A female patient with alpha-1 antitrypsin deficiency (AATD) was able to have a successful pregnancy and give birth to a healthy baby once receiving augmentation therapy, as published in Pulmonology.

The case report supports the initiation and use of augmentation therapy through intravenous injections of alpha-1 antitrypsin (AAT) during pregnancy. The patient began augmentation therapy at 18 weeks of pregnancy after her AAT levels had dropped from 74 mg/dL at 6 months prepregnancy to 38 mg/dL at 18 weeks. At 26 weeks of pregnancy and continued therapy, her AAT levels had increased to 108 mg/dL.

“This case adds to the very limited data regarding AAT therapy during pregnancy, supporting the argument that it can be safely initiated in response to severe impairment of respiratory function,” the authors said.


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The patient was initially diagnosed with AATD at age 21 years after a lack of response to treatment for severe asthma. She became pregnant at 29 years of age and had not initiated augmentation therapy prior to pregnancy. A moderate exacerbation of symptoms was experienced by the patient at weeks 17 and 18.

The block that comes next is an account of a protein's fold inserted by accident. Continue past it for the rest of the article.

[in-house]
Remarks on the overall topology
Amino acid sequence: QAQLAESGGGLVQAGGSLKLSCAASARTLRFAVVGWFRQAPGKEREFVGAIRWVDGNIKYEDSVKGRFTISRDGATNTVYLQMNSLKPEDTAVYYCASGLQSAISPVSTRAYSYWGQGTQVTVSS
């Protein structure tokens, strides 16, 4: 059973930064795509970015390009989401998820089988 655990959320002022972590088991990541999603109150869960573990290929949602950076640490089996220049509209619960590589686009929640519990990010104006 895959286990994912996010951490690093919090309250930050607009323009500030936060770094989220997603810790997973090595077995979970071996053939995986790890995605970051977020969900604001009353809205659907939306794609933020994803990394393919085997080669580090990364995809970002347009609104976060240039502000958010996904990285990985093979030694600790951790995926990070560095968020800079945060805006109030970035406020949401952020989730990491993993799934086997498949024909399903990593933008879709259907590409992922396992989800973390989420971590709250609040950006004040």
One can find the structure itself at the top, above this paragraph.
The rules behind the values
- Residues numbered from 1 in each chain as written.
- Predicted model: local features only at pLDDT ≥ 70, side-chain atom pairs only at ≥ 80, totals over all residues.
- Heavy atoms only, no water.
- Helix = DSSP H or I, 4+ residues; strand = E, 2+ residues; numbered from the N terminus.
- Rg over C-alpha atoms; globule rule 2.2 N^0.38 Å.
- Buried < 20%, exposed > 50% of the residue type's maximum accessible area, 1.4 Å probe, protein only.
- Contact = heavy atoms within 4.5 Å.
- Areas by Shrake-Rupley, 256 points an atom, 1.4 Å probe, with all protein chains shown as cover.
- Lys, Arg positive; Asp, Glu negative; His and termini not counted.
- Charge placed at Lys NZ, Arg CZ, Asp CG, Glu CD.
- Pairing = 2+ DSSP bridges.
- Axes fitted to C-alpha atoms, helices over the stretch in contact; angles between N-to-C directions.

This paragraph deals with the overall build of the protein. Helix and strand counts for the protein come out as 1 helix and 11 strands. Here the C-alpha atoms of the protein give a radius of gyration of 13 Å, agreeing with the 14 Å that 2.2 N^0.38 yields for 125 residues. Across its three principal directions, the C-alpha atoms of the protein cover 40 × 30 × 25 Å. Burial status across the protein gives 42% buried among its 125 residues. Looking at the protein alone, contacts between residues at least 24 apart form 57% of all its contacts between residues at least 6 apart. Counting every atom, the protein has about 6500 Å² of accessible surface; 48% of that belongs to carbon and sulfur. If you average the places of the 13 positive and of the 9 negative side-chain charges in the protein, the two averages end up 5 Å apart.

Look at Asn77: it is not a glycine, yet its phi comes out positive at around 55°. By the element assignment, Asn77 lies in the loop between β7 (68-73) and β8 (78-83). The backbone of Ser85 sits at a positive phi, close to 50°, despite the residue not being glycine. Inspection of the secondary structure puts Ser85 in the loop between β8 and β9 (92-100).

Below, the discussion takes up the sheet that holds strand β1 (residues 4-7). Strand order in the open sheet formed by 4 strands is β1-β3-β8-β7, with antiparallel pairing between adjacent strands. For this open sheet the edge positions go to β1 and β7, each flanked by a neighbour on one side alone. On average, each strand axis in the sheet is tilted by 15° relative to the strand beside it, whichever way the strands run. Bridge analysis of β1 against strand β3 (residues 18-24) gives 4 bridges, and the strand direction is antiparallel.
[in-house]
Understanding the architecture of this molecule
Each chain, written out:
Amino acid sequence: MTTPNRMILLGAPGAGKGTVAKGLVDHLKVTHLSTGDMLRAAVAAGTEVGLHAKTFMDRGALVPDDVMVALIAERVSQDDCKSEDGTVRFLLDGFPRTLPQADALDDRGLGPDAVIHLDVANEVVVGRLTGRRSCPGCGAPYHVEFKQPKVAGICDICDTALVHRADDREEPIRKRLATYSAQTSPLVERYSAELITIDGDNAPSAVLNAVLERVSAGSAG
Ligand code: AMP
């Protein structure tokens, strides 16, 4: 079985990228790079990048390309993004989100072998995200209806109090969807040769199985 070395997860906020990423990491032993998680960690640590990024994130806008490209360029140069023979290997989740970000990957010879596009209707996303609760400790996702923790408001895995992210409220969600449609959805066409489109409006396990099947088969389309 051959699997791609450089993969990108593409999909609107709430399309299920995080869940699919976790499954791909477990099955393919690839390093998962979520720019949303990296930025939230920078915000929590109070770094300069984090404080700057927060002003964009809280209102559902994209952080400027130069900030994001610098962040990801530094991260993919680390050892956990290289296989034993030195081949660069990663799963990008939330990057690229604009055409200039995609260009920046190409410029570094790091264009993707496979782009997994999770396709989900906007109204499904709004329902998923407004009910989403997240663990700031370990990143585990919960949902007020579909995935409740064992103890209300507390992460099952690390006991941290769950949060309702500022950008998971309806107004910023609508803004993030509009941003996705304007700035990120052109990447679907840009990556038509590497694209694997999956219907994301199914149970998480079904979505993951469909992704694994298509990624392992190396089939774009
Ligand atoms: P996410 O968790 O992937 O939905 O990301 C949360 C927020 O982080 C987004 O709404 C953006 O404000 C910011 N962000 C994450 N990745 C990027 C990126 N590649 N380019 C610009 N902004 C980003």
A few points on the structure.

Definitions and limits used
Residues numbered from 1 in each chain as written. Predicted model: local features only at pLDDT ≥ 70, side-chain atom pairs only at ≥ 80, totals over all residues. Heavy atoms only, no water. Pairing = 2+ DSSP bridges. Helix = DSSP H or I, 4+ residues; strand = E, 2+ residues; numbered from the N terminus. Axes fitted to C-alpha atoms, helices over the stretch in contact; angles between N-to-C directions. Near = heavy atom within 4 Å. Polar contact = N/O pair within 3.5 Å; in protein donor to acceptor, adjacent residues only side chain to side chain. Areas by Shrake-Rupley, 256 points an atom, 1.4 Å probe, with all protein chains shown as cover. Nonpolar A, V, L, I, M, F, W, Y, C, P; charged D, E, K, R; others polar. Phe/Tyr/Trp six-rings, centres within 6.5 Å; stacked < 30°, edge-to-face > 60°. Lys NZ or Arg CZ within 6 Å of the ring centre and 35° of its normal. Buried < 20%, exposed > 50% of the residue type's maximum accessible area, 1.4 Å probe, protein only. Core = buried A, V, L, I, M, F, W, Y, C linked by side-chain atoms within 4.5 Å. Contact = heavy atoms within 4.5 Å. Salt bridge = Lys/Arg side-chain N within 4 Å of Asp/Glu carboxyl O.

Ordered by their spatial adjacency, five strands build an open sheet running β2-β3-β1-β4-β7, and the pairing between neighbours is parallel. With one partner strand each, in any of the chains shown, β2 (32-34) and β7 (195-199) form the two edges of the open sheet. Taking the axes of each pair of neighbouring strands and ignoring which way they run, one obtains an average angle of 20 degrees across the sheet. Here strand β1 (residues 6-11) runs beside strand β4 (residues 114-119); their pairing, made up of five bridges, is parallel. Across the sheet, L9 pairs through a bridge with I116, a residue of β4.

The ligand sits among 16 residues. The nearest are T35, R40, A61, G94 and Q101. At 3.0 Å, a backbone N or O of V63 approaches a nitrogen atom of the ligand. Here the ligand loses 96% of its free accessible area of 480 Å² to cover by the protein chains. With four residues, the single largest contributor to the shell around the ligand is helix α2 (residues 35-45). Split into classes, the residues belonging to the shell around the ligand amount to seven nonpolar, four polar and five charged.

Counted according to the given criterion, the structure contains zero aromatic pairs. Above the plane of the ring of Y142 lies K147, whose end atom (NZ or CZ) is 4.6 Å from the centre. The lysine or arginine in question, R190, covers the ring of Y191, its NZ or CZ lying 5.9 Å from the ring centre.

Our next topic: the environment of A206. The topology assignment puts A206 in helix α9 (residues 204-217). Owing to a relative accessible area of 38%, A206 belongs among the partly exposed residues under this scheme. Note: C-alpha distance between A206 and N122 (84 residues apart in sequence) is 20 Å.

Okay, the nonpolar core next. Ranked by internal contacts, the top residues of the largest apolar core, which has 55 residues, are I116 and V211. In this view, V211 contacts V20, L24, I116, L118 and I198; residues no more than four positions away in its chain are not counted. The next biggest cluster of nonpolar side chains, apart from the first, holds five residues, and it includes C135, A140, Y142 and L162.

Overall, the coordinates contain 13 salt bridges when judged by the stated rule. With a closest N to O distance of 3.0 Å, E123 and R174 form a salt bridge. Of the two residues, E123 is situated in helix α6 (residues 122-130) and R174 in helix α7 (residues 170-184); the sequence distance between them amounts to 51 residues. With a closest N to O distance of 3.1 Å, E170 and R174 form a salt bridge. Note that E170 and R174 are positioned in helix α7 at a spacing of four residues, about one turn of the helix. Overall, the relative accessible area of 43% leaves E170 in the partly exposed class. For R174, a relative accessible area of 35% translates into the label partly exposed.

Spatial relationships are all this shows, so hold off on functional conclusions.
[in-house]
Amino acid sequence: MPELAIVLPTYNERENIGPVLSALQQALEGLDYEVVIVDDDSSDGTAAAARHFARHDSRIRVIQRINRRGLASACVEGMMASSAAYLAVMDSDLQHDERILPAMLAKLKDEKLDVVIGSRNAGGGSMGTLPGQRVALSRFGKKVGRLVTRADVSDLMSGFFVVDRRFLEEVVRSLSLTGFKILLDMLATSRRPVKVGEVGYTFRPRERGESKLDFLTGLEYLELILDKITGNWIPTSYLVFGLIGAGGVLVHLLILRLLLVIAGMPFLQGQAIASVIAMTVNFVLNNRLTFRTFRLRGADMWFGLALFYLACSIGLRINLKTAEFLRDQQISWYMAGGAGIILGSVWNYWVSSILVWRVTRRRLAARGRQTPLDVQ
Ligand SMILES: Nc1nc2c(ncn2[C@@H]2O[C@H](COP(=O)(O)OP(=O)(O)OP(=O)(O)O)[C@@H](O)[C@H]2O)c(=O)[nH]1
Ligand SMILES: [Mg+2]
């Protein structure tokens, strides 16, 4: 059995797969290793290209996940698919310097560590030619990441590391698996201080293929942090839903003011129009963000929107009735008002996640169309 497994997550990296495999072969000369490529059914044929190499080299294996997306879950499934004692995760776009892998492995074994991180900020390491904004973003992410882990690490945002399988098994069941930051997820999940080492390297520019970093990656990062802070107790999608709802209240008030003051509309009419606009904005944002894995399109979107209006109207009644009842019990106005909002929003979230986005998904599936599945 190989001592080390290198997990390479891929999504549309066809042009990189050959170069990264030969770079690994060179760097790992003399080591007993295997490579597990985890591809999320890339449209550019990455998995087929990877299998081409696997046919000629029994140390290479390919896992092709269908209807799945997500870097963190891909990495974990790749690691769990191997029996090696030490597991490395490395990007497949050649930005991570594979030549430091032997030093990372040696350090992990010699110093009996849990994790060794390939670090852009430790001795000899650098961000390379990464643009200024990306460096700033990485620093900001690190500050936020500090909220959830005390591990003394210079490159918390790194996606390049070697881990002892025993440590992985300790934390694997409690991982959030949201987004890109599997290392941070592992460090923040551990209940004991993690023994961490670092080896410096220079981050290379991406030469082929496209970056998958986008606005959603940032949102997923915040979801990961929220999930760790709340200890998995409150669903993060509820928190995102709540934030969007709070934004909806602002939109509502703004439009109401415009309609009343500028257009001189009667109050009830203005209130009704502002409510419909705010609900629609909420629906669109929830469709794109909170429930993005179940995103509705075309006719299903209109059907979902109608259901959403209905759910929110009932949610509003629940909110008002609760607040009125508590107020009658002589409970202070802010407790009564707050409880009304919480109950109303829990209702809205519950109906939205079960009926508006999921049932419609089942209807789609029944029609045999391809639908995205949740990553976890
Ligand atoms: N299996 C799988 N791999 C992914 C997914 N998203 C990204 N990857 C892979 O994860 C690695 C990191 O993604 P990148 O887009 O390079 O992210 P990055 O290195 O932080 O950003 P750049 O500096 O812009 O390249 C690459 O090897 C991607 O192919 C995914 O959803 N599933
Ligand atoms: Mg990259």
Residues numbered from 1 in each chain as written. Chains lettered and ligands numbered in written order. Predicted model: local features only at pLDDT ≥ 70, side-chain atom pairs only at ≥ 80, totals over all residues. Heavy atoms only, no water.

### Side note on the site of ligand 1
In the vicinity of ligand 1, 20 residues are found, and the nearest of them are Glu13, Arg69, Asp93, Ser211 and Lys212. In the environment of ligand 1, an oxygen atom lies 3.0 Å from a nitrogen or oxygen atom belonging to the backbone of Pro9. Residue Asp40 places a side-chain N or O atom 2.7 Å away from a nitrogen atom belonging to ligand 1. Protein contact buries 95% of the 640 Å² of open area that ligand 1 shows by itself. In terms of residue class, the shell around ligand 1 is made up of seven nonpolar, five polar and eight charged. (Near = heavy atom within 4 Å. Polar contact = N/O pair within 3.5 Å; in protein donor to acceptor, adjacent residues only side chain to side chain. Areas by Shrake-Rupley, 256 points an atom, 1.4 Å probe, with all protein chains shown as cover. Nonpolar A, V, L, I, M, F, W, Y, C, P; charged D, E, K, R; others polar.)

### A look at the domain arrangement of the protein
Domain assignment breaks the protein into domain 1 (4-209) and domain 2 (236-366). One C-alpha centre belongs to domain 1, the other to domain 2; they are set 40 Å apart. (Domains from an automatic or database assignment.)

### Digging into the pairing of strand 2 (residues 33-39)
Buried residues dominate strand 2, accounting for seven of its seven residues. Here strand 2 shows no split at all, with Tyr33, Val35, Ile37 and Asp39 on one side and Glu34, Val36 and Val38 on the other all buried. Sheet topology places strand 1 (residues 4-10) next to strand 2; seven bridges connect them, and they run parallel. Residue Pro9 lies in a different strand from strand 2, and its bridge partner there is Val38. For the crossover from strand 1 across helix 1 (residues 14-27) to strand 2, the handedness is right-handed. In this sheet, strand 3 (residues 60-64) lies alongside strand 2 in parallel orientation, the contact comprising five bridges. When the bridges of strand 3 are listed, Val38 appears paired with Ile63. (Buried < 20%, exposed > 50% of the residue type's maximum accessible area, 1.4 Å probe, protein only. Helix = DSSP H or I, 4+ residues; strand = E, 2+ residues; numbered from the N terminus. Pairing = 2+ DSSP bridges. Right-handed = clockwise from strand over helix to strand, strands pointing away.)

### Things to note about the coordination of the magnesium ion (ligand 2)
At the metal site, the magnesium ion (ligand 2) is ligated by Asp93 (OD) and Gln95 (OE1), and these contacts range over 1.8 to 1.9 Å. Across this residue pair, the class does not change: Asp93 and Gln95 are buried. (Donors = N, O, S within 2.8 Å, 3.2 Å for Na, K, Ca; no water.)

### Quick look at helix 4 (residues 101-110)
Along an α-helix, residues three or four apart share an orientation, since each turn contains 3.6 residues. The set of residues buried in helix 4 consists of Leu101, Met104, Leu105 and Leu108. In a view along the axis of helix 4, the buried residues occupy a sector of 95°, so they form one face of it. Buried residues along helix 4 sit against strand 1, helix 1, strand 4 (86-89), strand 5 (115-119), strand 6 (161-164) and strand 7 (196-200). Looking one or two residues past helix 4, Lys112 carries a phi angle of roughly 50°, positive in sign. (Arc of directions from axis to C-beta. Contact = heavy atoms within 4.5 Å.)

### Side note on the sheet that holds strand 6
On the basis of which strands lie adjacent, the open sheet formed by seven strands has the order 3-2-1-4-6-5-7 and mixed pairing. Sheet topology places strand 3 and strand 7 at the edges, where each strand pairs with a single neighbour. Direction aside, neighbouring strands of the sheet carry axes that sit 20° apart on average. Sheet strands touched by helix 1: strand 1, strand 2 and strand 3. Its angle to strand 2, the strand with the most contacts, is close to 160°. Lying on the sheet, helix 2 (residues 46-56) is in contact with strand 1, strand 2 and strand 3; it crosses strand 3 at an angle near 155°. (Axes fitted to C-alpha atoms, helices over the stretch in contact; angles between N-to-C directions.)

At week 18 the patient’s forced expiratory volume in the 1st second (FEV1) had decreased by 0.25 L compared to week 9 values, and because of the drop in FEV1 and AAT levels, the patient began augmentation therapy at week 18 at a dose of 60 mg/kg/week to maintain a blood threshold of 80 mg/dL.

The patient experienced a severe exacerbation at the 28th week of pregnancy and, after consultation, elected to have a caesarian section at week 32. Mild exertional dyspnea was reported at 4 weeks postpartum and a mild exacerbation was reported at 3 months follow-up.

In the 2 years after pregnancy, the patient only experienced 3 moderate exacerbations requiring oral antibiotics and/or corticosteroids and 1 severe exacerbation requiring hospitalization per year on average. This was a reduction compared to prepregnancy and augmentation therapy when the patient would average 10 moderate and 4 severe exacerbations per year.

“The case adds to the evidence that it is possible for patients with AATD to experience no pregnancy-related complications and deliver a healthy baby; however, close patient monitoring is essential to a positive outcome,” the authors concluded.

Reference

Guarnieri G, Achille A, Lococo S, Vianello A. Pregnancy in alpha 1 antitrypsin (AAT) deficiency and the role of intravenous AAT therapy. Pulmonology. Published online February 22, 2022. doi:10.1016/j.pulmoe.2022.01.014